This sketch demonstrates how I use Paper by 53. I like to create notes and mind-maps by combining the Watercolor tool with Draw, Write, Sketch and Outline.
Paper is a art, design and productivity app for Apple iPad that I've mentioned several times before, here at Says Brad and elsewhere. It's a beautiful, minimalist sketching, drawing and writing tool that looks great on the new iPad with retina display — but inherently, Paper by FiftyThree has strengths and weaknesses similar to a sheet of physical paper.
A blank page can be intimidating.
The app developers at FiftyThree have included some neat features in the app to make it less intimidating. There's a sample journal and walk-through video, but one of their best creative aids is very subtle. Each new journal (or notebook, pages) starts with just 10 pages. Ten: it is enough to feel expansive and real without being intimidating. Sometimes unlimited pages that you can't see seems daunting. You can always add pages or subtract them (by deleting).
Still, if you're going to pay $8 for a sketching app…
You may want to know more about what you're getting and what you can do with it. Reading through the App Store comments, one thing has become clear: Paper is misunderstood by many. At first, I didn't like it. I didn't think it was a real art tool. If you are curious what else can be done, search using the tag #madewithpaper at Twitter and Tumblr — some incredible artists have used Paper in amazing ways. Each tool can be purchased separately for $1.99, but I'd recommend getting the complete collection if you're going to use Paper… else stick with the free Draw tool.
How I like use Paper by FiftyThree
My favorite part of Paper is its custom ink engine. It is expressive and natural, and one of the first that really understands capacitive touch screen use. Without pressure sensitivity, the iPad is (in many ways) at a serious disadvantage compared to Wacom tablets. Many apps intimate, approximate, and imitate pressure by adjusting ink flow based on speed. The results often suck.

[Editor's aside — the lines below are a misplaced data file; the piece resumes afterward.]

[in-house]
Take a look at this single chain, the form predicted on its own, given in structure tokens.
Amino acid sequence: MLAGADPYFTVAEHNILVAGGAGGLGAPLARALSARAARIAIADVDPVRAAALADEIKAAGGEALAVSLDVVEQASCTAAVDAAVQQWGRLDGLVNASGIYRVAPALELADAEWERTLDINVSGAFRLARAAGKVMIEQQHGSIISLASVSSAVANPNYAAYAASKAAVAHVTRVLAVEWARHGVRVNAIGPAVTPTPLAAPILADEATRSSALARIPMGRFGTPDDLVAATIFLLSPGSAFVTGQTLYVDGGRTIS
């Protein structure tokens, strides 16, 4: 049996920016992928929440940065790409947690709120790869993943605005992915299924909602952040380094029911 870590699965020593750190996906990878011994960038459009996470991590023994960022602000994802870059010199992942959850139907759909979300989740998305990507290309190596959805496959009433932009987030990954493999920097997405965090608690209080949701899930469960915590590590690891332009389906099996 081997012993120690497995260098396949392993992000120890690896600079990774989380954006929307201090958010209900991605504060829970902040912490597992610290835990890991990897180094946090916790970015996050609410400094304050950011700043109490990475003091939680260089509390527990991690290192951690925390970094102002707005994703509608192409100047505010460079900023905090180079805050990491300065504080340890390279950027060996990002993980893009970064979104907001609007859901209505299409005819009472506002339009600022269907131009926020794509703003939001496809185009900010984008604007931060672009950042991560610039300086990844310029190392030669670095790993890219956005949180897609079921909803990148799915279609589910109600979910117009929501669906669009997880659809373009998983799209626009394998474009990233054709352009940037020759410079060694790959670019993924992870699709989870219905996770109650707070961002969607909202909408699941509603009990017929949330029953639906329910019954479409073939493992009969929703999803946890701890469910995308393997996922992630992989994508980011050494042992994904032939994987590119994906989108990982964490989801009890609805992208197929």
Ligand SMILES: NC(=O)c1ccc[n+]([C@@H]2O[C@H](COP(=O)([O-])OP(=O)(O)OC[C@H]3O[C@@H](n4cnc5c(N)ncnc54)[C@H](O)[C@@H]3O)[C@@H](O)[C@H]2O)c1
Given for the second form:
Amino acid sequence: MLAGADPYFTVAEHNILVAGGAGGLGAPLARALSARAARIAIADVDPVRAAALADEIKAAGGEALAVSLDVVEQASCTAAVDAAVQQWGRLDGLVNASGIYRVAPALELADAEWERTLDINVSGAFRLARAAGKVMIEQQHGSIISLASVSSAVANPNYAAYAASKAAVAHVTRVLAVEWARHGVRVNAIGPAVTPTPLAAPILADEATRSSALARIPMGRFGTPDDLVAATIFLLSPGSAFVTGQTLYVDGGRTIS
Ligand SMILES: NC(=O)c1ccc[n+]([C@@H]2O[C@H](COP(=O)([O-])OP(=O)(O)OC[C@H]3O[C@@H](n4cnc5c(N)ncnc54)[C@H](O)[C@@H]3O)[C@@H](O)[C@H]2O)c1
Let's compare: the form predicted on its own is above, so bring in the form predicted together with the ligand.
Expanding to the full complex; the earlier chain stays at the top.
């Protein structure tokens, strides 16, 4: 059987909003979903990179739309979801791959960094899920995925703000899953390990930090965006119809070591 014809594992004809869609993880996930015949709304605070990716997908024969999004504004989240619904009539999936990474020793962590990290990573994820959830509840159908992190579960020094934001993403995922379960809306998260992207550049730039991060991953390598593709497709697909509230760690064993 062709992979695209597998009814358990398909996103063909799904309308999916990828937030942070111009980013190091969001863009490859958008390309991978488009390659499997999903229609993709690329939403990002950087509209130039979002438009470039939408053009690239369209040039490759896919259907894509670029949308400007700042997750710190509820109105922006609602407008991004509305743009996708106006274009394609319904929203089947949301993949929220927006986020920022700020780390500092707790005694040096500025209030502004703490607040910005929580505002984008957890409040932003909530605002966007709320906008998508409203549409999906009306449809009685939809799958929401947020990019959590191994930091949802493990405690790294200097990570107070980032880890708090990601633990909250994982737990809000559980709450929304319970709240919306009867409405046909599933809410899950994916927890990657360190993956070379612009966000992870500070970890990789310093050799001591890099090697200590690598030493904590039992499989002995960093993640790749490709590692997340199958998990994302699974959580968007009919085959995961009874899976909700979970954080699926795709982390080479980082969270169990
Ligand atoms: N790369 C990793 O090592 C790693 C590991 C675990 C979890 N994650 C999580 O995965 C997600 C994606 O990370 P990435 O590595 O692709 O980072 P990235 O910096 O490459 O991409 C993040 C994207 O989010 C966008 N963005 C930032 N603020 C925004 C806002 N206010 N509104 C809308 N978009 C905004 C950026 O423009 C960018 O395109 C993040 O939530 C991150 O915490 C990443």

The Draw tool in Paper is thin when drawing slowly and gets thicker as you increase speed. Without zoom, this makes tiny, detail work and writing much easier than apps like Penultimate.
The Watercolor tool has a nice look and colors blend together beautifully. I like to create contrast with it, and color code related items.
I use the other tools to create basic shapes and add words, sketches and doodles.
Fast and Messy
When I first used Paper, I tried to keep everything neat and perfect, as I would in Autodesk SketchBook Pro. At that time, I didn't like Paper. I felt it was missing things, things I thought I needed.
At some point, I decided to just scribble — I decided to make a mess. It was fun.
Keeping things loose and not worrying about perfect lines, I put ideas on paper fast than ever. I could brainstorm or experiment, create lists and designs, and the results, while messy, were beautiful. Paper is exact enough to get a point across or capture an idea, and loose enough to stimulate new thoughts because it doesn't fill in all of the blanks — intentionally.
Paper by FiftyThree has become an everyday tool for me, and I've never had more fun creating scribbles. It's helped me to breathe life into old ideas, and flesh out new concepts, including things I want to do here at my blog. Sharing pages is simple and quick, and the full journal PDFs look great, too. Paper is another reason to own an iPad!
I hope their next version will offer a way to rearrange Paper's papers.
How do you use Paper? Do you love it, or hate it? If you have thoughts or suggestions on Paper, leave a comment! Also, send them directly to the guys at FiftyThree! They care about feedback.